A couple of months ago, I wandered through the historic center for the first time in very long time, perhaps as many as two years. I was astonished by what I saw. While in the intervening years Sessa had remained fixed and unchanging in my mind, there in the streets I found differences everywhere, both small and profound. Mostly they were signs of further deterioration, like centering built to support crumbling arches, or padlocked doors to formerly inhabited houses. But there were also improvements, and to me these were the most profound of the changes because they were unexpected.
Among them was this newly plastered and painted facade in the neighborhood of the cathedral. I gasped when I saw it, and not because of its color. I had taken a picture of the same facade five years before, when it looked very different, and that photo has been my favorite of all the ones I’ve taken of Sessa, ever since.
After the initial shock, I winced. Several months before, my computer had ceased to function, and I hadn’t backed up most of my files, including several years of photos. This was a particularly egregious oversight given that the computer had been displaying signs of imminent death for weeks. I put it away on a shelf in N’s office, waiting for the moment when we’d have the time and resources to attempt to save the data on the disk. I consoled myself by thinking that I could reshoot all my favorite photos, because, after all, Sessa was Sessa, and certainly not going anywhere.
Now the bright orange of the new facade loomed large before my eyes and became a symbol of things irretrievably lost (and of my own stupidity.) I made a conscious effort not to think of the lost photos, though memories of them intruded into my thoughts from time to time, in particular, an unusually insistent one of a photo of a squirrel holding and eating a lollipop the morning after Halloween 2011. I avoided walking in the center, despite the risk of losing ever more opportunities to retake the lost photos.
One morning last month I woke with the thought that I should take out the old computer and try to turn it on. I ignored it for the better part of the day, thinking it was stupid, until I couldn’t anymore, and then, right as I should have started preparing dinner, I took it down from the shelf, plugged it in, and gingerly pressed the on button.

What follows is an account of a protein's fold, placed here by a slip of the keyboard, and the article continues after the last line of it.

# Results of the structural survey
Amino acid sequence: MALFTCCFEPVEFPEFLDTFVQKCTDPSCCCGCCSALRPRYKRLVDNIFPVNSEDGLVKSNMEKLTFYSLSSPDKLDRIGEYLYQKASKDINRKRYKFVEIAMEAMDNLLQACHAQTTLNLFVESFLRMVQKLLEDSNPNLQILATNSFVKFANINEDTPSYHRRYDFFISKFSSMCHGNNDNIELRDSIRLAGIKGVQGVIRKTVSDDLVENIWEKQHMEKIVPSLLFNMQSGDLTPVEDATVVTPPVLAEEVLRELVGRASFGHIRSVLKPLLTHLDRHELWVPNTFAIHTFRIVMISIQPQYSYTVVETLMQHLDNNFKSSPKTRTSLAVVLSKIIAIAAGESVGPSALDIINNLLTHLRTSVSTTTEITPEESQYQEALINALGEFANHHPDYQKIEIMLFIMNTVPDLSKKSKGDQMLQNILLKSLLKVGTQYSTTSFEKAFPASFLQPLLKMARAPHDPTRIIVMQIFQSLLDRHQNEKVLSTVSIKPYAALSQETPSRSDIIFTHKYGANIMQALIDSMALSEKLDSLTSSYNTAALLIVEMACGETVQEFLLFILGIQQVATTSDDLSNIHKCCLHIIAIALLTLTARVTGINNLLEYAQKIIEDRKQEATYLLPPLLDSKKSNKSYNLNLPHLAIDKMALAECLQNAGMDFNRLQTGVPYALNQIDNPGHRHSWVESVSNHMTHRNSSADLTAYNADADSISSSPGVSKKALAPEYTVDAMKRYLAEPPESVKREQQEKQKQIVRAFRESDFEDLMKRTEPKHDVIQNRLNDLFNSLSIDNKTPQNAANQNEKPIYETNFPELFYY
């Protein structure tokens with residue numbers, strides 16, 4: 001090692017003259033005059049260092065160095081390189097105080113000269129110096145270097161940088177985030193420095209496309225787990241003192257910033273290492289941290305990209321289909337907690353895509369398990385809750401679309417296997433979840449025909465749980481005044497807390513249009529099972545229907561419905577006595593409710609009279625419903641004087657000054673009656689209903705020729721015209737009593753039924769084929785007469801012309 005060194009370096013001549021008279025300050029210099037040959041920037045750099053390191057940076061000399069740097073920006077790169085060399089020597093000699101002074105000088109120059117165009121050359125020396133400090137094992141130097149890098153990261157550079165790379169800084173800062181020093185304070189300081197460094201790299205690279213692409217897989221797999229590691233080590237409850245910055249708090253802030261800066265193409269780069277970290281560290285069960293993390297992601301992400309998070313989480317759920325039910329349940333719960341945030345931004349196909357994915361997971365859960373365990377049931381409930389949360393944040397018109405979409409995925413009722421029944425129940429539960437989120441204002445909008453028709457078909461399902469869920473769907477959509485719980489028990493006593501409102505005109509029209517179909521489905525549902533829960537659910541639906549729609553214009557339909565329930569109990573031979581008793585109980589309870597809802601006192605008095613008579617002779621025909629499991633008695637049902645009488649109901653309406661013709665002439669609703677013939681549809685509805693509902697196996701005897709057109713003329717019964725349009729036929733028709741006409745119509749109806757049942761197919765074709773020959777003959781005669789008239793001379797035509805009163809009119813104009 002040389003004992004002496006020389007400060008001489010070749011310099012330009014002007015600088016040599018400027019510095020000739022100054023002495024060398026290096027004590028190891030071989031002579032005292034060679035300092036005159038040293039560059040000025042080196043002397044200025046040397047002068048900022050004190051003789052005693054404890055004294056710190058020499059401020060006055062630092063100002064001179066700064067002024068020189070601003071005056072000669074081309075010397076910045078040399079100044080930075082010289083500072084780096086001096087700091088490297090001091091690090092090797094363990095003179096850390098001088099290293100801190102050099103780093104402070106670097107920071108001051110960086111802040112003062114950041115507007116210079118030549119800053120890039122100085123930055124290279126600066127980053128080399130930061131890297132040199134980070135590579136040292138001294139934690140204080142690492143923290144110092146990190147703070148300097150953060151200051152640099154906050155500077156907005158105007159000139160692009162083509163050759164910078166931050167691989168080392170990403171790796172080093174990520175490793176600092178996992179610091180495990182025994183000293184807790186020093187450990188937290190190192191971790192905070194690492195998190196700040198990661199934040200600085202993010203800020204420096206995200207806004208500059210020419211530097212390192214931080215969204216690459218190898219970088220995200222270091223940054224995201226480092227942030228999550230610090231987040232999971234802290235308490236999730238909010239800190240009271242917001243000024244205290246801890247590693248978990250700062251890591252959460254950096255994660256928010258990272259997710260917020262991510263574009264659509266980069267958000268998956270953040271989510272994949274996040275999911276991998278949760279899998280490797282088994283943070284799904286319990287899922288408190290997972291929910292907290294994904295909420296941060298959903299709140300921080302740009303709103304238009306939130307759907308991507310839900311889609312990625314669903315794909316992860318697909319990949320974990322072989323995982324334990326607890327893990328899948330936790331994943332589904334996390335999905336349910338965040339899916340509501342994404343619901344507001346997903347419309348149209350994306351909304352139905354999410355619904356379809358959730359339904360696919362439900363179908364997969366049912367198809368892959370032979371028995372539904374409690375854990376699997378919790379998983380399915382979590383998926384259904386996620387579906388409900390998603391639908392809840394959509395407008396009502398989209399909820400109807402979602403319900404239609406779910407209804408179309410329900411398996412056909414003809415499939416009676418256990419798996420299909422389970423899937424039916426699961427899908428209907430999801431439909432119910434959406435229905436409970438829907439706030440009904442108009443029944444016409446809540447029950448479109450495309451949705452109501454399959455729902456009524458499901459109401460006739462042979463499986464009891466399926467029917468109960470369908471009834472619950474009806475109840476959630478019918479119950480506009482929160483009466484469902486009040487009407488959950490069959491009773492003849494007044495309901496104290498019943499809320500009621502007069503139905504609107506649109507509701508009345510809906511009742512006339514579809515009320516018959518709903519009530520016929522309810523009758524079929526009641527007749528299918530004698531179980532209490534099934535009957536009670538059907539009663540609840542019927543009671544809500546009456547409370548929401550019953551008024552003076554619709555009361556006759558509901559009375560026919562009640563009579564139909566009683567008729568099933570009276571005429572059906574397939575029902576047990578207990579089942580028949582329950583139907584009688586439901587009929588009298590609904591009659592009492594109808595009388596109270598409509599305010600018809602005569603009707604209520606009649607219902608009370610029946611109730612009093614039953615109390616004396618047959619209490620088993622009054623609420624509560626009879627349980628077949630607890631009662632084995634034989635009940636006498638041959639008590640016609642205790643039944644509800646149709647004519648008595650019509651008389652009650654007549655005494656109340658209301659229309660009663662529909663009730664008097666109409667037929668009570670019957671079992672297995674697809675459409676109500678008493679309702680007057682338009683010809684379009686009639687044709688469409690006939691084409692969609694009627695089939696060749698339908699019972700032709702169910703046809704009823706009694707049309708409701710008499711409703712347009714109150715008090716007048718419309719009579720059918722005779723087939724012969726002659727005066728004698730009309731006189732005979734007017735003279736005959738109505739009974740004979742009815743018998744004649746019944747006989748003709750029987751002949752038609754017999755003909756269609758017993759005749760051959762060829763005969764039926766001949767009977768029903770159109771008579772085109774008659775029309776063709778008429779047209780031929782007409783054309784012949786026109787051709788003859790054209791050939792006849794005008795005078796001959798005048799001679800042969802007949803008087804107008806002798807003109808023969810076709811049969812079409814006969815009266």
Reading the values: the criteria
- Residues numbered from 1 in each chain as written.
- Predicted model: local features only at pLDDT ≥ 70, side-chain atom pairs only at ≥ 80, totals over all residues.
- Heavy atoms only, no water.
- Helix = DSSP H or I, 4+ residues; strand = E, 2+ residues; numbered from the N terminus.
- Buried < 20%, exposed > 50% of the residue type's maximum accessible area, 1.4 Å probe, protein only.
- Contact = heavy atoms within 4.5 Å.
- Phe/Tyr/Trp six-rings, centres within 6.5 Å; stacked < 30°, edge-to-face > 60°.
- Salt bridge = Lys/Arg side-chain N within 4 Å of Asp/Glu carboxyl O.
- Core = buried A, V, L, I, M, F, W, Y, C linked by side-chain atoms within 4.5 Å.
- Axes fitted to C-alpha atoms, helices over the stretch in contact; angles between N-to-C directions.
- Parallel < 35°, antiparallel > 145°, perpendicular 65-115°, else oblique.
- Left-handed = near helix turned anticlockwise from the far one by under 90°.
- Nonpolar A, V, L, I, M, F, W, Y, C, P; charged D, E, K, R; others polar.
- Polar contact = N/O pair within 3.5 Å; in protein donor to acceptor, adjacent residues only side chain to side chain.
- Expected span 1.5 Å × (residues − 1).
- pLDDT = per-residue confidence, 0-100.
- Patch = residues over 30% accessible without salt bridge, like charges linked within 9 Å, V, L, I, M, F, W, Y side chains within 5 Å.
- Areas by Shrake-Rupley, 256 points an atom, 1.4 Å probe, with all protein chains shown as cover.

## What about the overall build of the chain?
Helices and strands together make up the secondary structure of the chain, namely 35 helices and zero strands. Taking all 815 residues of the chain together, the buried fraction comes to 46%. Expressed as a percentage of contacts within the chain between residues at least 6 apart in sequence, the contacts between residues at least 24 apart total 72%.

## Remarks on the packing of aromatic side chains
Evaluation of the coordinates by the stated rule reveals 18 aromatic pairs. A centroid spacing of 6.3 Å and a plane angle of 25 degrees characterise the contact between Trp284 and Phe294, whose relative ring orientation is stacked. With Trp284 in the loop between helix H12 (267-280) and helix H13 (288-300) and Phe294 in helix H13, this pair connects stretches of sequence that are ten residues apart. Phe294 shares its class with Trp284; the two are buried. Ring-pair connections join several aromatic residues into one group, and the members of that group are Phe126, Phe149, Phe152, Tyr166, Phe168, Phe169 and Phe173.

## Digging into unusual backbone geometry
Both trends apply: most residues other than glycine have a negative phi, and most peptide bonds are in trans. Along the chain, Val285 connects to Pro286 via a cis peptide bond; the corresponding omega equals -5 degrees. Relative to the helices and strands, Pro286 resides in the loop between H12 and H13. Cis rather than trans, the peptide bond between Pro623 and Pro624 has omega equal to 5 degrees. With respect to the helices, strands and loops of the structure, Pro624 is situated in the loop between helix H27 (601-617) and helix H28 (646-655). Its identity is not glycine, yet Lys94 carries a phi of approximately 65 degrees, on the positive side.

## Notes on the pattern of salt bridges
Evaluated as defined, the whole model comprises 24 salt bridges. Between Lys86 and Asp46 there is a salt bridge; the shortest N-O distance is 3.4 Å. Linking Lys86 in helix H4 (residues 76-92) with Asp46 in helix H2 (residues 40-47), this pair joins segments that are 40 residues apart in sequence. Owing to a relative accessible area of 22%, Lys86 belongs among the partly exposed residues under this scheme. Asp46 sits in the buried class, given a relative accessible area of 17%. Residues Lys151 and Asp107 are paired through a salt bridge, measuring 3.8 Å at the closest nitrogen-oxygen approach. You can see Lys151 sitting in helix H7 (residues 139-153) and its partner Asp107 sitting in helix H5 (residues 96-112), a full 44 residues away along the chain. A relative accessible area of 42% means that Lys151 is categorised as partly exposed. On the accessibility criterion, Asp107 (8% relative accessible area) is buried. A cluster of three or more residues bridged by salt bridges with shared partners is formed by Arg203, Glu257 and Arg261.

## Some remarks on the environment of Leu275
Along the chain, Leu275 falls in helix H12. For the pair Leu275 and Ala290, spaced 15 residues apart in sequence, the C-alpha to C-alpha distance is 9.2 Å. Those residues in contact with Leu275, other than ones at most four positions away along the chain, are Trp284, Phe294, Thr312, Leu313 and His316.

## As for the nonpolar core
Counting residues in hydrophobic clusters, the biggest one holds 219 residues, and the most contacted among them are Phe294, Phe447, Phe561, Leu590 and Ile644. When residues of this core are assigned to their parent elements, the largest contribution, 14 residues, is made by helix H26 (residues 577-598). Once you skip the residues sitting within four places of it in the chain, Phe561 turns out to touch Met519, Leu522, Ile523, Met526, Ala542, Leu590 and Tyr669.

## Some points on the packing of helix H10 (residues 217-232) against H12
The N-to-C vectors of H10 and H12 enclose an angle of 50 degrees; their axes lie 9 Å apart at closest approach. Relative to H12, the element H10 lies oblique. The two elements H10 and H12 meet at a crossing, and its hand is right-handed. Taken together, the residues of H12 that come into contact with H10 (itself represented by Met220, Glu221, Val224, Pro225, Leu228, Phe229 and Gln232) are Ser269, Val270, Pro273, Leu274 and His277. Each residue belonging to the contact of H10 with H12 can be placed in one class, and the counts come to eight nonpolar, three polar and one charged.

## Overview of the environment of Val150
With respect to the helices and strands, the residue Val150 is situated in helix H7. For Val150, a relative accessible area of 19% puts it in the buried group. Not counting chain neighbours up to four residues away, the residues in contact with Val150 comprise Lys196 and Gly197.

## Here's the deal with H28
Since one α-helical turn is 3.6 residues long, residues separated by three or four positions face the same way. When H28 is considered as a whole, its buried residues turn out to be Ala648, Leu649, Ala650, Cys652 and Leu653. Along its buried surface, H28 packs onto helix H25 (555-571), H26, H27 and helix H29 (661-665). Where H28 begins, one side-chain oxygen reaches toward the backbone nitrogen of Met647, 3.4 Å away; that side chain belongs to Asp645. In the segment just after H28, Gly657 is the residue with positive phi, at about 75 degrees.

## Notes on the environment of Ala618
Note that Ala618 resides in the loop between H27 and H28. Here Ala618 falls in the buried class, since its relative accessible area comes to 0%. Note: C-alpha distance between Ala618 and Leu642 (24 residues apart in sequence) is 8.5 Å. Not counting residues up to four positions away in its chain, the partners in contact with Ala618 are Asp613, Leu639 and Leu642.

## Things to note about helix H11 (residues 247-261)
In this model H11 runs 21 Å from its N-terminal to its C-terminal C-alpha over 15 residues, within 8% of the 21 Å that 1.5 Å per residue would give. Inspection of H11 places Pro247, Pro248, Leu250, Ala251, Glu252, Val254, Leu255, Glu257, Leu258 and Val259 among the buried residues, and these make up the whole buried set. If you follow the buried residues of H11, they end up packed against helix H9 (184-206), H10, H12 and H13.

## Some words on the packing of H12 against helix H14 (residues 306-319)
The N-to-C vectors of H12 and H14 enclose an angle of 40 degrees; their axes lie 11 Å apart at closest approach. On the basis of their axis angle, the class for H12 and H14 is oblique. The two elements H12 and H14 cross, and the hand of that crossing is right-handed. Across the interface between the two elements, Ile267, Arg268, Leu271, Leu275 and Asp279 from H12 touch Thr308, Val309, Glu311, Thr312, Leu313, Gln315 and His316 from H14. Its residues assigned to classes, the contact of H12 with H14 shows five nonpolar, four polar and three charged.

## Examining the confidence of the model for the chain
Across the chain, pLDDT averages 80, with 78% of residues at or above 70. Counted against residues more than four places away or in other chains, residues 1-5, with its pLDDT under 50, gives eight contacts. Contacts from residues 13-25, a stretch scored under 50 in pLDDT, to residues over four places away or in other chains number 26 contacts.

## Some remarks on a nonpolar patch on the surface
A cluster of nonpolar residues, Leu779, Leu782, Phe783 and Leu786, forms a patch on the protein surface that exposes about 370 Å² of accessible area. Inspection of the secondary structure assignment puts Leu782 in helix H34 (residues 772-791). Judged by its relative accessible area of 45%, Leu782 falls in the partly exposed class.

‘Please turn on, please turn on, please turn on,’ I begged it in a little voice.
It answered me with its chime.
This is the original photo, no longer irretrievably lost, even if the facade it depicts is, now covered with fresh plaster and bright new plaint. To me it is a truer image of Sessa than the new, true one, which conceals the city’s decrepit glory, its built-up layers of history. It’s more honest about the uneasiness of the coexistence of old with the new. The uneven, unmatched layers of plaster draw attention to the the juxtaposition of architectural styles, and together with the network of wires of varying sizes, colors and age, each one superimposed one upon the other, unequivocally proclaim the passage of time. And then there is the game of the two street lamps: the newer one, in a style that speaks of a remote past, pretending to be old, while the older one sports a modernist style, dated now, but still more recent than the other. The lamps appear in the newer photo as well, but the full force of their play is lost when deprived of its former palimpsestic context.
Since my walk in the center, and regaining my old photos, I’ve become ever more interested in observing the changes that have occurred since taking them, which is to say that in the near future I will probably be boring anyone still reading this blog with more posts like this one.